Tricky Territory – Indigenous reporting from the blogosphere

(Picture: TheCreativePenn Source: Flickr)

By Alex Burgess

Rock bottom reporting anyone?

Julia Winterflood’s recent reflection on music festival The Other Side of the Rock is a pretty good example.

The article was first published on her blog and then picked up by Crikey. It demonstrates both the need for insight and sensitivity when reporting on indigenous issues, and the difference between bloggers and journalists.

The Other Side of the Rock music festival was held near the tiny community of Mitijulu on Saturday 6 October, close the Uluru in Central Australia to celebrate 30 years of the song Solid Rock.

Winterflood writes in her review that she’s shocked by the “sea of white faces” she finds. So shocked, in fact, that she feels “strange and sick”.

(Source: screen shot,

Poor girl! She was hoping for an Authentic Aboriginal Experience -one where she would get to be the lone white person – unusual in her cross-cultural adventurousness, soaking up the ancient wisdom of the land.

“It looked like every other festival I’d been to,” she grieves.

Bummer, dude.

Winterflood “couldn’t see any Aboriginal people anywhere”, and this leads her to assume the local people have been ignored and muscled out by the whitfellas.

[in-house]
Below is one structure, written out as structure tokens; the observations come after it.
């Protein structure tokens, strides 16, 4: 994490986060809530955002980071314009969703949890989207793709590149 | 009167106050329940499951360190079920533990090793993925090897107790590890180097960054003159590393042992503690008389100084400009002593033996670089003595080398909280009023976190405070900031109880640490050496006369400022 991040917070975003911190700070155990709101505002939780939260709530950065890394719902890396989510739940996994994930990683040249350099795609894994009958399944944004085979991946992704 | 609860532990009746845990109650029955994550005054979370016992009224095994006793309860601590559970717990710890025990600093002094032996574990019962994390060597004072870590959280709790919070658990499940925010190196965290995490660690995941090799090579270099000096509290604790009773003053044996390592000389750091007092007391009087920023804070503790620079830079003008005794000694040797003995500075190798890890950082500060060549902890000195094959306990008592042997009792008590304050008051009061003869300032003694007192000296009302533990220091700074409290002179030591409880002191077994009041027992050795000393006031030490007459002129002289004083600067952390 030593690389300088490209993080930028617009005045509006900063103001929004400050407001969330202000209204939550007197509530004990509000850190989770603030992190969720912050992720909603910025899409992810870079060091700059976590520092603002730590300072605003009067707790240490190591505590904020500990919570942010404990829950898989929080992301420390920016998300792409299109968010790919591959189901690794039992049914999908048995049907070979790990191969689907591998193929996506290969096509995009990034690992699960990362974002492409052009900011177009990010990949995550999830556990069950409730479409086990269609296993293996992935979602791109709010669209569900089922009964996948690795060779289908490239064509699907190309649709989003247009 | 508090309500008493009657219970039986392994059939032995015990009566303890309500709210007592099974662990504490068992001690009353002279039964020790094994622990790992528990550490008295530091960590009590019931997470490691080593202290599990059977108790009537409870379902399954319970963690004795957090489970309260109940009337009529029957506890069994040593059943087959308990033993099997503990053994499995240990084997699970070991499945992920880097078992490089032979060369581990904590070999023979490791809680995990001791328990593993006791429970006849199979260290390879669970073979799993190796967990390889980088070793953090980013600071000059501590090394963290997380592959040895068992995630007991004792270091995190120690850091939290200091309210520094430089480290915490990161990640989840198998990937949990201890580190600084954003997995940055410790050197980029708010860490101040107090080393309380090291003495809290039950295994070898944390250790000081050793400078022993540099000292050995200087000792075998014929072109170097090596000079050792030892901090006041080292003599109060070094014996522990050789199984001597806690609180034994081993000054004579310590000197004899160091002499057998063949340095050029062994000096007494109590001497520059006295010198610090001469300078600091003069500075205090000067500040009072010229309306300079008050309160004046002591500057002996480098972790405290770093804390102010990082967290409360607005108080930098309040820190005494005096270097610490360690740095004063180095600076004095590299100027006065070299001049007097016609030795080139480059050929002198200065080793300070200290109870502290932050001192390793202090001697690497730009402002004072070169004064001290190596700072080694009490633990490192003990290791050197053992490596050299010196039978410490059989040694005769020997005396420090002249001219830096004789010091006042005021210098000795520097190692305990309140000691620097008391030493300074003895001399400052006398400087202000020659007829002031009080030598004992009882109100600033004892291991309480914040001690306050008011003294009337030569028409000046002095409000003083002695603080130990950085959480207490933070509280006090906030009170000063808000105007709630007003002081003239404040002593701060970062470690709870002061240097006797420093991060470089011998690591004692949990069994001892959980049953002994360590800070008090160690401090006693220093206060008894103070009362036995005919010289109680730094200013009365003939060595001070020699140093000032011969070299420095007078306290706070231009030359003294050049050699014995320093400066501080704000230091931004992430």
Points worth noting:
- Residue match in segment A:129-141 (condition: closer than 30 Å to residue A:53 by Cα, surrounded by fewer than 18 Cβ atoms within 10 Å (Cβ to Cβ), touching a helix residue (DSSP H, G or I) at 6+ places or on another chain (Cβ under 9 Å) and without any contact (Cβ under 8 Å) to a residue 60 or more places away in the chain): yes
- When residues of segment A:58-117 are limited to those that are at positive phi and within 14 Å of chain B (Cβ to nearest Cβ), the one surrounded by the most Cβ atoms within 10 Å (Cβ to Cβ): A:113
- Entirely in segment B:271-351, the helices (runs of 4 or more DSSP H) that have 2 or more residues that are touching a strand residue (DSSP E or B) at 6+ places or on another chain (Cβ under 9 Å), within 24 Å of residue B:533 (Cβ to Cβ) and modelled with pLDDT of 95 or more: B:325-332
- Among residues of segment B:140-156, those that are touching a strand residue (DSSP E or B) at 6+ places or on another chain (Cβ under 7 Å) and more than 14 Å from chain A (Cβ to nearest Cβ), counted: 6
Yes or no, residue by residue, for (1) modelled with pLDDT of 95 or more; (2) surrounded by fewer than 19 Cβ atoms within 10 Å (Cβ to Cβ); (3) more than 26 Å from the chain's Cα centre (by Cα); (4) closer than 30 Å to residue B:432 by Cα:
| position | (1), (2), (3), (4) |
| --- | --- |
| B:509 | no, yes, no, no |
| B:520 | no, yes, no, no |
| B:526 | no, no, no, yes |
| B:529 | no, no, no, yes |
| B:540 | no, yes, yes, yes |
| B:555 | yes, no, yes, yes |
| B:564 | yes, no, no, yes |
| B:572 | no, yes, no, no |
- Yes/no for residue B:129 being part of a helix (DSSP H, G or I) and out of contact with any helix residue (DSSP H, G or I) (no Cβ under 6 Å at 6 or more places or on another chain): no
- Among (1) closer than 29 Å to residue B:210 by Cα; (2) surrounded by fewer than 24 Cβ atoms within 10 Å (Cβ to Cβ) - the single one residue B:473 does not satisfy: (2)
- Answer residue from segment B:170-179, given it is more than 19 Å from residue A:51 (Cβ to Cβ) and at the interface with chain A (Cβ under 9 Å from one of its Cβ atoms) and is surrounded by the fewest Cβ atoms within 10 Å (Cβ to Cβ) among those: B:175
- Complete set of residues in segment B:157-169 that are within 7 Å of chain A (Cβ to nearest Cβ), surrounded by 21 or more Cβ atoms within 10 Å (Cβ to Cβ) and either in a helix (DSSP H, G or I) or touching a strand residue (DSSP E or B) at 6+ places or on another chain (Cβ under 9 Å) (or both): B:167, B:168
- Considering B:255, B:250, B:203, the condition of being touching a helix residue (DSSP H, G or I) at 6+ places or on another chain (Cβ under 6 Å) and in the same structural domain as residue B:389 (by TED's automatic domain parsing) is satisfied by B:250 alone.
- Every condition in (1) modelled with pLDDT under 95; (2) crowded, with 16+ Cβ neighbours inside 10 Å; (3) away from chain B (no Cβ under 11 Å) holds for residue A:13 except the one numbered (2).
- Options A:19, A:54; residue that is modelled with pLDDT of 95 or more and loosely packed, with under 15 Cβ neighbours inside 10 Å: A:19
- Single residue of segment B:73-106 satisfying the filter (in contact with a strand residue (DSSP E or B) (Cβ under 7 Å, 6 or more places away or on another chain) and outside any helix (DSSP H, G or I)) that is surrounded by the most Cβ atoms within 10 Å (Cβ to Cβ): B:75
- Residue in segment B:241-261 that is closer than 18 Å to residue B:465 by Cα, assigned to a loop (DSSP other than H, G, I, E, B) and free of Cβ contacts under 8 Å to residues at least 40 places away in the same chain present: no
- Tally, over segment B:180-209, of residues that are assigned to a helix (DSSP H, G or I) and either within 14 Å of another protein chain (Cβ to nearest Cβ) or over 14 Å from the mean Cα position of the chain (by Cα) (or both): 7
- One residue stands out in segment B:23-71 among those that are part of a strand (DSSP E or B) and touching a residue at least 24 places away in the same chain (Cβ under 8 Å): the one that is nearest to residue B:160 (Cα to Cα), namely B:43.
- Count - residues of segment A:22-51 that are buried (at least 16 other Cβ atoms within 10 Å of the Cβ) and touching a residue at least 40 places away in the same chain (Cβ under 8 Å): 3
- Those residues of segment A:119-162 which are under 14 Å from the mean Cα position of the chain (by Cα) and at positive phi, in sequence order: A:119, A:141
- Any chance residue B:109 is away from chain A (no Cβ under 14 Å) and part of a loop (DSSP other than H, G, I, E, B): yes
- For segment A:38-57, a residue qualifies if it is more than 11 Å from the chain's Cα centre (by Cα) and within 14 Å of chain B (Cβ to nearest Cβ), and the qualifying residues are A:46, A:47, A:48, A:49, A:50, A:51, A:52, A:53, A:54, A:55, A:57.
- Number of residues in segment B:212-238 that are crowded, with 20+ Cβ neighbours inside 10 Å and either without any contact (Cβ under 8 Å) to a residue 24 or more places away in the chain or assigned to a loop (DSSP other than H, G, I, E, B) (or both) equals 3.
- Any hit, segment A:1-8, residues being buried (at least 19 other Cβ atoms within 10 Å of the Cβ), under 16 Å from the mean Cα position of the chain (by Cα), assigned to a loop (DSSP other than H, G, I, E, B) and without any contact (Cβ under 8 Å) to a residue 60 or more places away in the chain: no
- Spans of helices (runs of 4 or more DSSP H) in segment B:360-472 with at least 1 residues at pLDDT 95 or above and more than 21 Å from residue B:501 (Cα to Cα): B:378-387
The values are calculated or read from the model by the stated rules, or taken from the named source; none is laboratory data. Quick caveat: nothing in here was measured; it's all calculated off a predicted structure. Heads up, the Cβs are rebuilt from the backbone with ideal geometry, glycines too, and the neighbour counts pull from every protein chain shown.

She’s since realised the error of her ways. After receiving a number of phone-calls from upset organisers and negative comments, she posted an apology on her blog.

(Source: screen shot of Twitter)

Winterfllood was embarking on tricky territory: indigenous reporting is a sentitive area. But not only was her article lacking in sensitivity, it was lacking basic journalistic enquiry.

She didn’t speak to anyone in depth – no locals, no organisers – she just made assumptions. Winterflood felt bad about all the white people, so she assumed the locals must feel bad about all the white people too – an condescending approach.

And anyway, Mitijulu has a population of 296. Regardless of whether or not they feel like showing up, this is going to be a minority in a crowd of 2000.

Crikey’s use of the article is highlights the difficulties we face in the online world in trying to maintain quality journalism.

Winterflood’s misrepresentations were unintentional and she’s obviously genuinely upset to have caused insult. But should the blog post have made it to Crikey in the first place? Probably not, but the current media climate – all cost cutting and content hungry – means that this kind of ‘reporting’ will find its way to larger audiences more and more often.

Blogging is fine (blogging ins great!), but we should only treat bloggers like journalists when they report like journalists.

Posted under: Uncategorized
Dated: Oct 12 2012


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